That was Pup.

Except it was more complicated than that because Pup didn’t always save the day. In fact, he was often the guy stuck in the hole. Or the guy who pushed the other guy into the hole. And only some of us wanted him to stay forever. But he was calm, and he did smile a lot, and Mama always called him a hobo because he never really had a home and all he did was wander around until he decided to show up in the middle of an ice storm or Mama’s fortieth birthday party. Plus, he loved dogs—Madonna most of all.

***

I clung to that idea of Pup being a hobo dog. I was proud of it. The hobo dog, after all, was a hero. And so, so cute. In school, whenever we had to write about our summer vacation or Christmas holiday or March break, I’d write about the hobo dog. Some of my stories had elements of truth; others were bullshit. Most were combinations thereof. It’s always been hard for me to decipher the truth from bullshit. I guess I’m a bit like Mama that way.

I caught the hobo dog coming down the chimney. He was dressed up just like Santa! His bag of presents was so big he could barely lift it. He left a pogo ball for me! A yellow-and-pink one, just like I wanted. Randall got a Nintendo, and Madonna got a vanilla cake with red and green icing! That hobo dog’s some smart, knowing dogs are allergic to chocolate cake! I didn’t let him know I’d seen him. though. He’s a really sensitive guy, and I wanted to make sure he comes back next year. I hope he liked the rum and eggnog we left him. The End.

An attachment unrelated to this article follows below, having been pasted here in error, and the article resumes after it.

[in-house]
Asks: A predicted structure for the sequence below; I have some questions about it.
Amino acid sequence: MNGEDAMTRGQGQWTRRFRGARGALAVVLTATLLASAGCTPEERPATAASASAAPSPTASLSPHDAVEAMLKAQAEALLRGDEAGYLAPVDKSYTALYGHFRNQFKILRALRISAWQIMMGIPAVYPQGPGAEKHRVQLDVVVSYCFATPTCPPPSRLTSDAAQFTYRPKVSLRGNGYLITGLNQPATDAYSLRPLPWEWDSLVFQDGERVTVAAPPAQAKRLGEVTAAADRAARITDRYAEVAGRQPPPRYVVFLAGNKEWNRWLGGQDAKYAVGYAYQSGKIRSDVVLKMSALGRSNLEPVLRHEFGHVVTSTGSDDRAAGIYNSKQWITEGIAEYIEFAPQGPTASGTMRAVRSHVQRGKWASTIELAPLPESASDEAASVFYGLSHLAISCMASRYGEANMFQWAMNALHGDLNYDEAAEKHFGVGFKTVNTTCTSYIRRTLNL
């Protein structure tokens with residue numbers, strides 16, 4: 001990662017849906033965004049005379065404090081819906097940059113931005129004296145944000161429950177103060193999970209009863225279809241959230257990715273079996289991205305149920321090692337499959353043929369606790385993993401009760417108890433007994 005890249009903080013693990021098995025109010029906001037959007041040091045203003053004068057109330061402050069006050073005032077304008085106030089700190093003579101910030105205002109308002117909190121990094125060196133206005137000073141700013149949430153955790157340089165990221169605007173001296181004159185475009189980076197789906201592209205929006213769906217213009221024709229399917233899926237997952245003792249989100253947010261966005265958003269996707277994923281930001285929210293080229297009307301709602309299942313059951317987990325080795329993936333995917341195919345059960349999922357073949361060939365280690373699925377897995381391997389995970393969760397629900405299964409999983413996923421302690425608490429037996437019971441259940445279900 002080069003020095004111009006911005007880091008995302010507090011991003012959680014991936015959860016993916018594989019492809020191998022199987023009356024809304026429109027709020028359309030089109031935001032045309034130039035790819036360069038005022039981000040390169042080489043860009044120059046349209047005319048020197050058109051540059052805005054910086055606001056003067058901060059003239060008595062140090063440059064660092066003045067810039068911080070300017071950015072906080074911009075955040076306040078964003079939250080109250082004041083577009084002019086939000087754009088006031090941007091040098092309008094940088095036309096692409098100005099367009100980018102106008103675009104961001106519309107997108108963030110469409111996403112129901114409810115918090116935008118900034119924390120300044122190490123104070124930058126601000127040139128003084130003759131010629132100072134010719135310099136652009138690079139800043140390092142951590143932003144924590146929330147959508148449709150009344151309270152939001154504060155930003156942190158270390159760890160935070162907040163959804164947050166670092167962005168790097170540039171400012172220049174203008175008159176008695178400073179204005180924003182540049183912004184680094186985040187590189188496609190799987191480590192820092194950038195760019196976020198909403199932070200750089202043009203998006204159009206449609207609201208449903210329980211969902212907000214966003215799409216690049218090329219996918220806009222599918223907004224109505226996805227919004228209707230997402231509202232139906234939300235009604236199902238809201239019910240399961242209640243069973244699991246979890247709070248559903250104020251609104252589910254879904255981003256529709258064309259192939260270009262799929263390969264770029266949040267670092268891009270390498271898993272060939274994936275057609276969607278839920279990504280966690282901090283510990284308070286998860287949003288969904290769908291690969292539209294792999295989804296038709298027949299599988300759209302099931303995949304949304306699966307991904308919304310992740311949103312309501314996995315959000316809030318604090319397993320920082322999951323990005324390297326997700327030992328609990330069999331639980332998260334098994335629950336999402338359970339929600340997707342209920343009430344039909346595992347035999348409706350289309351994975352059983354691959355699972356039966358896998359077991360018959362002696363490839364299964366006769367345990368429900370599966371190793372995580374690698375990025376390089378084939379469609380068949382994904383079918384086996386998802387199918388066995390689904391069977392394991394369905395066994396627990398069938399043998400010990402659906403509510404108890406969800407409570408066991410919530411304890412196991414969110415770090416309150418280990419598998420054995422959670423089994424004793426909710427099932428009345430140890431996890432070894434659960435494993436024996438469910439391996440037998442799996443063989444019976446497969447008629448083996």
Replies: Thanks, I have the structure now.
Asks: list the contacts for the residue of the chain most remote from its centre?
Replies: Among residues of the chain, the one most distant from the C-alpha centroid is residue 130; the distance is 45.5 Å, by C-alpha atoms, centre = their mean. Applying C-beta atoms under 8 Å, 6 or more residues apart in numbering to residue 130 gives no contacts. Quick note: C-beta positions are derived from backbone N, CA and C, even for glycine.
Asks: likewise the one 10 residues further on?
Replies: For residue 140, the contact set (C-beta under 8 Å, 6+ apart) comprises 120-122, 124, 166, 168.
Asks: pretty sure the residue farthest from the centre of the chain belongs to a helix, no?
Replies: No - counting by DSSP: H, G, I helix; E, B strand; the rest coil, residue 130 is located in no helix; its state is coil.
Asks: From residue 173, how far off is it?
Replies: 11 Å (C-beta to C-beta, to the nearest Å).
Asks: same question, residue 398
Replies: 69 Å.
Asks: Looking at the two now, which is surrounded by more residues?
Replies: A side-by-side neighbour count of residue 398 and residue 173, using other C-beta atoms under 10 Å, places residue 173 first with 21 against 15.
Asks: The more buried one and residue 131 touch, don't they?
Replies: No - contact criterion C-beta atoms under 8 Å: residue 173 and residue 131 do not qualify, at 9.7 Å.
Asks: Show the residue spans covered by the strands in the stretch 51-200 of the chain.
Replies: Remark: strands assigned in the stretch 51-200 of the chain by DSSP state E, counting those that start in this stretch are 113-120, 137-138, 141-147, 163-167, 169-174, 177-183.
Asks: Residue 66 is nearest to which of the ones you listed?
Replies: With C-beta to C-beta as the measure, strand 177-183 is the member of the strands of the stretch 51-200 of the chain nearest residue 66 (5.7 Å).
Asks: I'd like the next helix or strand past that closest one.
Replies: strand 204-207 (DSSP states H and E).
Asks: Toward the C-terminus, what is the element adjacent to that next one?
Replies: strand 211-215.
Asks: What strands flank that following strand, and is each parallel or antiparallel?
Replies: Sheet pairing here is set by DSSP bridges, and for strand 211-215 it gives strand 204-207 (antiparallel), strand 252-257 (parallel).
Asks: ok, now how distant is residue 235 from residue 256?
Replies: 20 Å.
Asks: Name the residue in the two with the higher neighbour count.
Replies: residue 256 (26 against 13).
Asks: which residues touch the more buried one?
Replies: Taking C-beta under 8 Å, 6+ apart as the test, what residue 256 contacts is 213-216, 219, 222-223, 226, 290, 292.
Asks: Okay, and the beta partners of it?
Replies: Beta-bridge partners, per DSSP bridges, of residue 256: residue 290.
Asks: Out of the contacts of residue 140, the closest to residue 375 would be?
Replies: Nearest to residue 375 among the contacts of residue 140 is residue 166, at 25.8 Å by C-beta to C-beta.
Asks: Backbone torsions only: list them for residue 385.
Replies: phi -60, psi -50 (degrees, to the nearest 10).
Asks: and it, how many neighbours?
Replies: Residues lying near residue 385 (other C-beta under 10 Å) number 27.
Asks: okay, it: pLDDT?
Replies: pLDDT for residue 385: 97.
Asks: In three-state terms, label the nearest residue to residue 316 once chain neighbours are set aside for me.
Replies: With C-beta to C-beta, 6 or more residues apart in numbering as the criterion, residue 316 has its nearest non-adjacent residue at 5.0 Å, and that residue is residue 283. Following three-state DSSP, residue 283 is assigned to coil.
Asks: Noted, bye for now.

Five percent true. I was nine. It was our first Christmas on Poverty Hill, and Pup hadn’t smelled us out yet. I was sure it was because I’d eaten too many tomatoes that year. Madonna was always bathed in tomato juice after having a run-in with a skunk or rolling in something dead. I told myself, well, if it works to get rid of Madonna’s smell, maybe it’s masking my smell too. It felt like a reasonable explanation. Spaghettios, ketchup, goulash. I removed everything with tomatoes in it from my diet. I even tore the tomato plants out of the garden. Mama and Randall thought I was nuts. Just to rile me up, they poured ketchup on everything—even Christmas dinner. I blamed them that it took Pup almost the whole year to find us. The five-percent truth was in the presents. I did get a yellow-and-pink pogo ball, and Randall got his Nintendo, just like we’d asked. And Madonna got a vanilla cake with green and red icing that she puked up under the tree. The tags on the presents said they were from Pup, written in Mama’s handwriting.

The hobo dog took us to Florida for March break! We drove all the way there and slept in the car by the side of the road. It was so hot that we didn’t get cold at all sleeping in the car. We went to Disney and saw flamingos and ate oranges and ice cream for every meal! Then I got so sunburned that the hobo dog had to rent us a motel so I could soak in the cold bathtub all day. At first, he was mad that I made us lose two days’ vacation, but it ended up raining so much that we couldn’t do much sightseeing  anyway. Instead, we watched movies in bed and ordered room service. It wasn’t a waste at all! Even Madonna had fun. She didn’t get carsick like she usually does. The End.